Newspaper headlines: Autumn Statement - dream or extreme?

This blog cannot dream of neatly summing up the many hundreds of thousands of words that the newspapers have written about Wednesday's Autumn Statement.

Image copyright Reuters

If you want detailed discussion on the measures contained in the Statement, BBC News' comprehensive in-depth section will give you all the details. This blog will aim to give you a brief flavour of how the different papers saw the event.

The Guardian is perhaps the harshest broadsheet critic of George Osborne's Statement, calling it "lean, mean and extreme".

Aditya Chakrabortty, writing the paper's front-page analysis, says the chancellor was supremely confident as he wheeled out "billion-pound distractions" to "drown out an economy that sounds like a stuck record, forever playing a refrain from 2010".

"We were doomed to repeat the last election as soon as Osborne gave up on his deficit reduction drive in 2012-13 and Labour stuck with austerity-lite. Nor have we cleared up the chronic illnesses that beset the UK economy.

"As the stamp duty cut shows, this remains a country whose erogenous zone is firmly in its property market, where a devaluation of the pound does nothing to eat away at a giant current account deficit and where the workforce is so badly paid that record employment doesn't yield enough taxes."

Larry Elliott, the paper's economics editor, imagines a Conservative administration in 2019 when "public spending has fallen to below 35%, lower than the post-war low under Macmillan in the late 1950s and back to the pre-welfare-state years when Neville Chamberlain was starting a rearmament programme".

Elliott says such cuts "will be cumulatively enormous - and almost certainly unachievable. They are certainly unachievable without putting the economy at risk".

For the Independent, Britain's other left-leaning/progressive paper, it is not what was said in the Statement, but what was unsaid that makes its headline.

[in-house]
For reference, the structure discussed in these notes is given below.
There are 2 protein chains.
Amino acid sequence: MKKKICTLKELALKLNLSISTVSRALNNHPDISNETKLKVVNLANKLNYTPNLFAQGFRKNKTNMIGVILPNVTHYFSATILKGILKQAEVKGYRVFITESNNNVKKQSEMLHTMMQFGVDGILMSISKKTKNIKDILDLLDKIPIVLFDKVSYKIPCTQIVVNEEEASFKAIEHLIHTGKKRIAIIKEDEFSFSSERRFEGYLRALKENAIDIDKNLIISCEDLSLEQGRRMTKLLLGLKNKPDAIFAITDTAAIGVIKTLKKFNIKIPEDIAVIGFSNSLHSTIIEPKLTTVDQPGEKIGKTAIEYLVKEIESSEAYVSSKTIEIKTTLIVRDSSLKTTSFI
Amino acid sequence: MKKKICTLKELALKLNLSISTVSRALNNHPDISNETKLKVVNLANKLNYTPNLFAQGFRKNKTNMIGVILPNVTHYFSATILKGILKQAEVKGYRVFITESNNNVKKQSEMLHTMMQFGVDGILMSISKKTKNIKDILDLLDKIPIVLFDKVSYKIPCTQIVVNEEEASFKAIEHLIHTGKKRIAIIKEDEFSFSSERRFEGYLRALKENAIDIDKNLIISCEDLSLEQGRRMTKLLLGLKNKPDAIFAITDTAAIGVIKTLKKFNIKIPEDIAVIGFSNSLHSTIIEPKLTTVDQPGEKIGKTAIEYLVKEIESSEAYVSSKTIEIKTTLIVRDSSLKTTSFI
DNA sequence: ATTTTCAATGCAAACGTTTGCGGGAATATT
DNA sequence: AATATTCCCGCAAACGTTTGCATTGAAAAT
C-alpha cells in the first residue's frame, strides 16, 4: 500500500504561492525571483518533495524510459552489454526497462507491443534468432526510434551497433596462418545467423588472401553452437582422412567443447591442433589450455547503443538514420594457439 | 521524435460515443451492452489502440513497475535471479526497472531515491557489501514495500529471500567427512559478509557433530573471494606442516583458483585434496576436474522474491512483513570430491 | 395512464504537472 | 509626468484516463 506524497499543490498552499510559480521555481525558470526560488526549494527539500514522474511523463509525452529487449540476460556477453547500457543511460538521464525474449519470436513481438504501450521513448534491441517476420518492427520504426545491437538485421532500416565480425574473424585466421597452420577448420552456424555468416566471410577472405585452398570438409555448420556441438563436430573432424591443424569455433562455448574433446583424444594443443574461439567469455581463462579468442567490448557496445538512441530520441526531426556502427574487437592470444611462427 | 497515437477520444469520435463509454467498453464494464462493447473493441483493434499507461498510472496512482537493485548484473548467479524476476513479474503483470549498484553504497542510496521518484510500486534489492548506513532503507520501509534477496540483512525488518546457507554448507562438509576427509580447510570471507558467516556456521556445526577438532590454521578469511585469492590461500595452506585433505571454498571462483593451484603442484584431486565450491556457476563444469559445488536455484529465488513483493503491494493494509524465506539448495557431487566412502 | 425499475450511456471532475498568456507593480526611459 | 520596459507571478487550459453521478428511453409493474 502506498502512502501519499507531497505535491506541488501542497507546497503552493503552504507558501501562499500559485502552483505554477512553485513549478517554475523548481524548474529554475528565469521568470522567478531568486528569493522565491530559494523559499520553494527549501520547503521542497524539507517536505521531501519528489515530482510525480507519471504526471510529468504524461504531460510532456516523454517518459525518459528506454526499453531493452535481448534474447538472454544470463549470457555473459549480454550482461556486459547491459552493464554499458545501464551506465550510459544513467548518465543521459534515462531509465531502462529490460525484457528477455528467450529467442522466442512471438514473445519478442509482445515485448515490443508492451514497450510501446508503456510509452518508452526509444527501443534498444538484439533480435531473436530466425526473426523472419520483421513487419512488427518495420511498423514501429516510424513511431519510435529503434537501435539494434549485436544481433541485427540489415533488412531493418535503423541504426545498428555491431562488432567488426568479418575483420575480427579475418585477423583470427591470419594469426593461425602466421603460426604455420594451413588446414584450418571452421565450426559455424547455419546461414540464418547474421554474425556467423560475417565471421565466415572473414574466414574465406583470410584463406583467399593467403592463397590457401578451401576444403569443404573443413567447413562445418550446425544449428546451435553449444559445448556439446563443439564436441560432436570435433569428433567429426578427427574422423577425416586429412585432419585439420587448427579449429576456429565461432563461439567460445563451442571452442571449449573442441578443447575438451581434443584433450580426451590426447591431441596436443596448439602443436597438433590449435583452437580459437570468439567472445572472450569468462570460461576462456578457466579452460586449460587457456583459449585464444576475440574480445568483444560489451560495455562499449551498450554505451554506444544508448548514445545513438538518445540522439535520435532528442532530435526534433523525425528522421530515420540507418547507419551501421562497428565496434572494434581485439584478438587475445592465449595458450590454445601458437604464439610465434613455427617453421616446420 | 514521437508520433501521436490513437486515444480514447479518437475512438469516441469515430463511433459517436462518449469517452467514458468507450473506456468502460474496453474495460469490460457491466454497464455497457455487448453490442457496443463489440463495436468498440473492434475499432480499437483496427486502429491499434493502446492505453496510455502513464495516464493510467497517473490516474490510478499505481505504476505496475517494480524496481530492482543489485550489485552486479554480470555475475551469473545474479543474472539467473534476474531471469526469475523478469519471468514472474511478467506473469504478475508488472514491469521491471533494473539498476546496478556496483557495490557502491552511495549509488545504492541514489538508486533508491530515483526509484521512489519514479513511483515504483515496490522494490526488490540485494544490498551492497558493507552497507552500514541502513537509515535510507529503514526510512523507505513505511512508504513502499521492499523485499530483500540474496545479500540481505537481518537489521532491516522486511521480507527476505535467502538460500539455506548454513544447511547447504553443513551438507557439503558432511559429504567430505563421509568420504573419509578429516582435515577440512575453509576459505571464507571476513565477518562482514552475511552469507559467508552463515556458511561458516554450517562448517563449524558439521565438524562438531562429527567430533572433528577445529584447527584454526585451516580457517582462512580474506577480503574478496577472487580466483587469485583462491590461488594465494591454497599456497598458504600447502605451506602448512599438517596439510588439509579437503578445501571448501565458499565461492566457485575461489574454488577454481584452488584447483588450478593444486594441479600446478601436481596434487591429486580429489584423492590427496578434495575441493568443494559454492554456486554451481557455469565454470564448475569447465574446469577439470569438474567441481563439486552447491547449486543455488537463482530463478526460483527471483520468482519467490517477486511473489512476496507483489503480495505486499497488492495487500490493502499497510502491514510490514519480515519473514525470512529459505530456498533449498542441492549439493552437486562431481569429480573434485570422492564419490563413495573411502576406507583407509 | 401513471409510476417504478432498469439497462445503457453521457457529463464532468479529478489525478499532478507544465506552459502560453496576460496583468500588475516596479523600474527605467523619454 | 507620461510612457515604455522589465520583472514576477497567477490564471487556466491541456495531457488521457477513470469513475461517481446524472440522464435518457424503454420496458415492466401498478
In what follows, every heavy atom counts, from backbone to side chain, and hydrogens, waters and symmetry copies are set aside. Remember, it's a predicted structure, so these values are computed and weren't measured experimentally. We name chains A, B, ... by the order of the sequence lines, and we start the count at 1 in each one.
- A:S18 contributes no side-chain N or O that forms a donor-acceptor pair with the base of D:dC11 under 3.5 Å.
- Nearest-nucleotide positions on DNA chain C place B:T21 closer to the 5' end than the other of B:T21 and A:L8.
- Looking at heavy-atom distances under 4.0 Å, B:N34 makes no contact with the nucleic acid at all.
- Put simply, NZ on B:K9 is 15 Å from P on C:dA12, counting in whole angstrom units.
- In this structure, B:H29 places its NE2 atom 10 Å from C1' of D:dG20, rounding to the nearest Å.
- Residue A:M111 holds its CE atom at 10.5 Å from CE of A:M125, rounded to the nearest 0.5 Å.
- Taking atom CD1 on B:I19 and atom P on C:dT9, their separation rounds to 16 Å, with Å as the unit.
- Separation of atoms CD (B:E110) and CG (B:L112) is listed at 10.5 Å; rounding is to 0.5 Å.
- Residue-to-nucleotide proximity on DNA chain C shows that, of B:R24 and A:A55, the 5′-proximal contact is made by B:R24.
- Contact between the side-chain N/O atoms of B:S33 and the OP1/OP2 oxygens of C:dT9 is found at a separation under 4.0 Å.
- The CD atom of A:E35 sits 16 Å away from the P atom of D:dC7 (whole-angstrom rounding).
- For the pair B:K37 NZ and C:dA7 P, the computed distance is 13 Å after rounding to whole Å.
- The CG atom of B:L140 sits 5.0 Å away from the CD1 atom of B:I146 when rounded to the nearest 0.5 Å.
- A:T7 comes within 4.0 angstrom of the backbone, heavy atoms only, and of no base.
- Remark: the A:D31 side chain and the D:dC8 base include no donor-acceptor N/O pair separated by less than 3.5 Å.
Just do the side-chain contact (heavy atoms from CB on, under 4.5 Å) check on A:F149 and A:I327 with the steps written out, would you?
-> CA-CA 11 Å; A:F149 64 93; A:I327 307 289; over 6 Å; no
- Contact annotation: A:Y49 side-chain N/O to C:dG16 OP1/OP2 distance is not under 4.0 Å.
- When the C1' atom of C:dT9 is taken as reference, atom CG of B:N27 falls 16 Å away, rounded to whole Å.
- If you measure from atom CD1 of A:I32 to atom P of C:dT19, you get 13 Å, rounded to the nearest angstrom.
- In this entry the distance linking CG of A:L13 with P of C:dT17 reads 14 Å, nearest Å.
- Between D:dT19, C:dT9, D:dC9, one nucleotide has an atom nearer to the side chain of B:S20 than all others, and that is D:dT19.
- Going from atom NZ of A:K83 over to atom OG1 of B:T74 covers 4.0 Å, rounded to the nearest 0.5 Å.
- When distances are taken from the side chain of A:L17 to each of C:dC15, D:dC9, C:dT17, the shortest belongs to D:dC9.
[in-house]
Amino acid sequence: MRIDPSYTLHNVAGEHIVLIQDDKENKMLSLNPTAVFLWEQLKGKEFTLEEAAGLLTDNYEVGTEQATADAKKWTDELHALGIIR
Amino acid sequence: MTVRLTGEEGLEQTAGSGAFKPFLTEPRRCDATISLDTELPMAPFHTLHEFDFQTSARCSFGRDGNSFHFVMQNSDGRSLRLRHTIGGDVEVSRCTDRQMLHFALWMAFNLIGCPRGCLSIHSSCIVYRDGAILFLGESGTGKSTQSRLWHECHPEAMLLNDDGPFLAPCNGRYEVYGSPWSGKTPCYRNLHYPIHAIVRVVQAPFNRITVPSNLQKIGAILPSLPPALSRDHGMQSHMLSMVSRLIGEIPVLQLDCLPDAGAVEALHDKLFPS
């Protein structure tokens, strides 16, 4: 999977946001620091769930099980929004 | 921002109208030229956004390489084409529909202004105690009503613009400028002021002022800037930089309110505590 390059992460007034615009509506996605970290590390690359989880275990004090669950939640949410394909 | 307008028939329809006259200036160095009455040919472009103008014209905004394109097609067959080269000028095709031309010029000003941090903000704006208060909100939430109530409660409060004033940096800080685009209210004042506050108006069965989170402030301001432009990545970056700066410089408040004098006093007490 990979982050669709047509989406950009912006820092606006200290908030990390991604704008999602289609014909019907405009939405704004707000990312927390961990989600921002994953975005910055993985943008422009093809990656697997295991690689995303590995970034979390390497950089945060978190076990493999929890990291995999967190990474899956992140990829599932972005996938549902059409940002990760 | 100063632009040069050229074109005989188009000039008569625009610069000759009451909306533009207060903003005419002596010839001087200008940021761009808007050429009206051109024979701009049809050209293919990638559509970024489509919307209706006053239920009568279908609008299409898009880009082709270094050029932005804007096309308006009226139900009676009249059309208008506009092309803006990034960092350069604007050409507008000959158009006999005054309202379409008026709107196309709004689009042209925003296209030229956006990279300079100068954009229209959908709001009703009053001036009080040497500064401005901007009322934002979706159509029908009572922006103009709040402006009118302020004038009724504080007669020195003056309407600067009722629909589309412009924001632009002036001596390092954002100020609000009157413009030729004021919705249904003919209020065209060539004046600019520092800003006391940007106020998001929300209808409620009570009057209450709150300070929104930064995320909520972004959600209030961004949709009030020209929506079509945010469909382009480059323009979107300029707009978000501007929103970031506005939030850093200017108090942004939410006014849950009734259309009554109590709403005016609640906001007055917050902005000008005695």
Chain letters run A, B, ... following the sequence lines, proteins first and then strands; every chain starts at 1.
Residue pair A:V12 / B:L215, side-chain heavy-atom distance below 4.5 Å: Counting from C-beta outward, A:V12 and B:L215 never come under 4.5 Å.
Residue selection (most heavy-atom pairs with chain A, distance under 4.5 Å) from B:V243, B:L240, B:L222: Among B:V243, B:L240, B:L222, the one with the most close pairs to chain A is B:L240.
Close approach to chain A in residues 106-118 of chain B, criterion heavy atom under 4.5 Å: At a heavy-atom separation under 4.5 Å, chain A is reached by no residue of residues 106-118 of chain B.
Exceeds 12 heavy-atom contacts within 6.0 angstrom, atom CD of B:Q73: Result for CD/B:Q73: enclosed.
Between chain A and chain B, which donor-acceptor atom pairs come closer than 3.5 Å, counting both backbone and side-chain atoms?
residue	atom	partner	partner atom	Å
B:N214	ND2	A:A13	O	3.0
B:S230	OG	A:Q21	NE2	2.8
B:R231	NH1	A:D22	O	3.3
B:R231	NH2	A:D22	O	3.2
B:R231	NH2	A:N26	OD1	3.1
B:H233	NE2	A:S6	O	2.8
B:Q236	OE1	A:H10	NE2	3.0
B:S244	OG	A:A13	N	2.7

Image caption Neville Chamberlain was British PM when the state last accounted for less than 35% of GDP

Calling the budget "Osborne's autumn understatement" the paper also highlights the £30bn of, as yet, unspecified cuts.

Devoting a 12-page special section to what the Statement means, each clause is carefully pored over.

Oliver Wright, the Indy's Whitehall editor, says: "In order to meet eye-wateringly tight cuts to spending over the next five years, ministers are intending to outsource swathes of services currently provided by the public sector.

"Some of these services will be contracted out to companies such as Serco and G4S, while others will become new mutual companies run by their employees."

Political columnist Steve Richards says Mr Osborne was giving two contradictory messages regarding deficit reduction, adding: "Because he failed to meet his target during the current parliament, only he is qualified to ensure the objective is met quickly in the next one."

The Daily Telegraph is - on the whole - supportive of the Conservative chancellor, as one might expect.

Its front page column comes from Allister Heath, who says the "big prize" of "a smaller state" could be within reach.

Image copyright Getty Images
Image caption Achieving a smaller state has not always been a popular choice

He says the Statement was more about politics than economics, "designed to emphasise" a stark choice.

"On the one hand we have George Osborne... a chancellor committed to substantially lower levels of public spending and, in time, reduced taxation; on the other, the prospect of a far-left Labour government committed to taxing and controlling everything that moves."

The paper's case study-heavy coverage broadly cheers the individual measures, but within the paper commentator Peter Oborne says the chancellor "is more interested in getting re-elected than squaring the books".

He continues: "He inherited an economic crisis... patently, he has not solved it. Mr Osborne will hand on exactly the same crisis to his successor."

The Times is more equivocal in its coverage.

It says that by cutting taxes for most homebuyers, the chancellor "staked next year's election on a growing economy powered by rising property prices".

Inside the paper, it says the 30% rise in property prices that the stamp duty reforms is predicted to cause by 2020 amounts to a "stealth tax" that will "ensnare tens of thousands of homeowners".

The paper also has a 12-page Statement pull-out.

In it, former Labour chancellor Alistair Darling, while welcoming a number of the measures - particularly on infrastructure improvement - says: "If he's not careful, the chancellor's current promise to deliver a surplus by 2018 will prove as elusive as his last one.

Image copyright PA
Image caption Alistair Darling